Six world records, 11 European records and numerous British records were broken at the British Gas Disability Open Short Course Swimming Championships between 22-23 November.
Newcomers and experienced para-swimmers impressed the crowds at the Manchester Aquatics Centre in Great Britain.
Among those celebrating included British teammates Sascha Kindred, Andrew Mullen. Jessica-Jane Applegate and Stephanie Slater.
Kindred is one of the most experienced and decorated swimmers in para-sport, having won 12 medals from the past five Paralympic Games. He began his successful weekend on Saturday (23 November) when he touched for a British record in the 100m freestyle S6 (1:08:91). The 36-year-old returned in the afternoon to claim a new world record in the 200m individual medley SM6 (2:39:27). In Sunday (23 November) afternoon’s session, he was still showing the young swimmers why he continues to be one of the world’s best with another British record in the 400m freestyle S6 (5:10:77).
After his world record, Kindred said “I've never stopped learning my trade so to break another world record is something I'm very proud of and shows there's still room for improvement for the older swimmer! My swim felt really good but there are bits I'm still not happy with, so hopefully I can go faster.”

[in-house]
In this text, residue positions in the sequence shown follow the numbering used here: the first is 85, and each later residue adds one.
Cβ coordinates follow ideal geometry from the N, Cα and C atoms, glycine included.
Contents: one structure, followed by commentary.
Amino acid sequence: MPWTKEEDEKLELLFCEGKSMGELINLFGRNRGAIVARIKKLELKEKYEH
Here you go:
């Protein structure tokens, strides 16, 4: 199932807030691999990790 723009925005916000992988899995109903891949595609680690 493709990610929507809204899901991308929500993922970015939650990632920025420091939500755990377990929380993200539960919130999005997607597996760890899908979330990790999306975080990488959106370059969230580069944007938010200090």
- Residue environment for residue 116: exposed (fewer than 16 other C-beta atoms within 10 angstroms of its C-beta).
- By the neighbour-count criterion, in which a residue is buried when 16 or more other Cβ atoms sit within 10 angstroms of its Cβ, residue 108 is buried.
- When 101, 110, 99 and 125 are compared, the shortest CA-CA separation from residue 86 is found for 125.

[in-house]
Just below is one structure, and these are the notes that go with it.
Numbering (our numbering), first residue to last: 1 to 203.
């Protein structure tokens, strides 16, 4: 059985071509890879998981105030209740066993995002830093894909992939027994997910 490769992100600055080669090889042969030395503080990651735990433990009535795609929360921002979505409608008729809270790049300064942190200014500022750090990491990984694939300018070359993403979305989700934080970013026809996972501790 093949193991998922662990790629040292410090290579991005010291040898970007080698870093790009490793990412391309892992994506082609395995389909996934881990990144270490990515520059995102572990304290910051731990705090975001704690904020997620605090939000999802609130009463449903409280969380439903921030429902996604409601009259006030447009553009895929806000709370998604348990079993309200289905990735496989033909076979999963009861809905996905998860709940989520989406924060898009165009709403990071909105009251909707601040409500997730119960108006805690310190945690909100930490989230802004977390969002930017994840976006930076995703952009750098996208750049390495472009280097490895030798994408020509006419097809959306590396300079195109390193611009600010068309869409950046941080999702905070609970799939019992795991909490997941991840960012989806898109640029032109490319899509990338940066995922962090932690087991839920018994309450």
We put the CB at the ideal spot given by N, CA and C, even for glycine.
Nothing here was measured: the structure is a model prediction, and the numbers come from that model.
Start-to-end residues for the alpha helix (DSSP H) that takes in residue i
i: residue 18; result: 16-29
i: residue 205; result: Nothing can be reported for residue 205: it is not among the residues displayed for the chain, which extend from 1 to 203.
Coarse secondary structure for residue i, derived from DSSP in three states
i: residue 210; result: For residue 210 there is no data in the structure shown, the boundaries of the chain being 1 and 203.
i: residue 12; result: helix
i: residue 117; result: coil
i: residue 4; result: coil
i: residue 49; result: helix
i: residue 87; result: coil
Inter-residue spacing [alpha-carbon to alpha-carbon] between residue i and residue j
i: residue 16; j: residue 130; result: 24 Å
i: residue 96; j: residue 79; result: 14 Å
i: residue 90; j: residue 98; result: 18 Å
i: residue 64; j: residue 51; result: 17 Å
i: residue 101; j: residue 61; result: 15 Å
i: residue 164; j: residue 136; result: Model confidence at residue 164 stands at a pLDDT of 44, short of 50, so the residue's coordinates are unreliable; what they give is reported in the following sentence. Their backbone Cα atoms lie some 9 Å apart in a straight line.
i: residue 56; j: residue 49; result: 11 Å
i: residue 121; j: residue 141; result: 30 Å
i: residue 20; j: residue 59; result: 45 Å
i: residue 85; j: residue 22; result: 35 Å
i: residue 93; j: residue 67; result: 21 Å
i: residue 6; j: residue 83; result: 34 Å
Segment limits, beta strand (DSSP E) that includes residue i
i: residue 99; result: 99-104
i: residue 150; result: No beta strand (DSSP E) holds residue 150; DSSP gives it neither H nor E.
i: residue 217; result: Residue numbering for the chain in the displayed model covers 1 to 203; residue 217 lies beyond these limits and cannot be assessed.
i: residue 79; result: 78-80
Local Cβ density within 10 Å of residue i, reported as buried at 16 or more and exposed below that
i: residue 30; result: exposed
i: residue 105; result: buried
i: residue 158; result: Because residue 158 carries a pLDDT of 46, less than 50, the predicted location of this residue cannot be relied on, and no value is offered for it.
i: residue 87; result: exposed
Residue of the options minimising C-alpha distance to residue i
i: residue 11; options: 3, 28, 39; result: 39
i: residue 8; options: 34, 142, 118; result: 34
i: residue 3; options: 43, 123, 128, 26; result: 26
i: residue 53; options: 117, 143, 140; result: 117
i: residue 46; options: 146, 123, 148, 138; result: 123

Applegate, 18, was a gold medallist in the 200m freestyle S14 at London 2012, over a long course. The British swimmer showed form in short course when she clocked 2:10:06 in the same event, setting a new world record.
Icelandic swimmer, Jon Margeir Sverrisson set two world and three European records in Manchester. His world records in 100m and 200m freestyle S14 (00:53:70 and 1:55:11) reaffirmed himself as an international star in the pool.
Other European record breakers included Slater in the 50m freestyle S8 (50:80) and two for Mullen in the 200m freestyle S5 (2:46:03) and 50m backstroke S5 (38:88).
Mullen also collected the team trophy for the most individual points accumulated over the weekend - the first time Scotland has won the trophy in many years. He was elated for the team and said "It's been a great competition this weekend. I always look forward to racing short course. It was this meet that my swimming career really kicked off so to be able to come and put in some good performances is always a pleasure."
The mixture of newcomers and world class swimmers gave the championships an extra special atmosphere. Numerous British records were broken by swimmers with a range of experience.
Jannine Walker, National Events Manager for the English Federation for Disability Sport, said “The event was an overwhelming success, with so many notable performances. As the organisers, we are always proud when we see the newcomers turn into international swimming stars. So many of the world-class para-swimmers started at events like this one, so to be a part of new swimmers’ road to Rio is a great feeling for everyone involved.”
The 2015 IPC Swimming World Championships will be held from 13-19 July in Glasgow, Great Britain, over a long course.
*All records are subject to ratification by IPC Swimming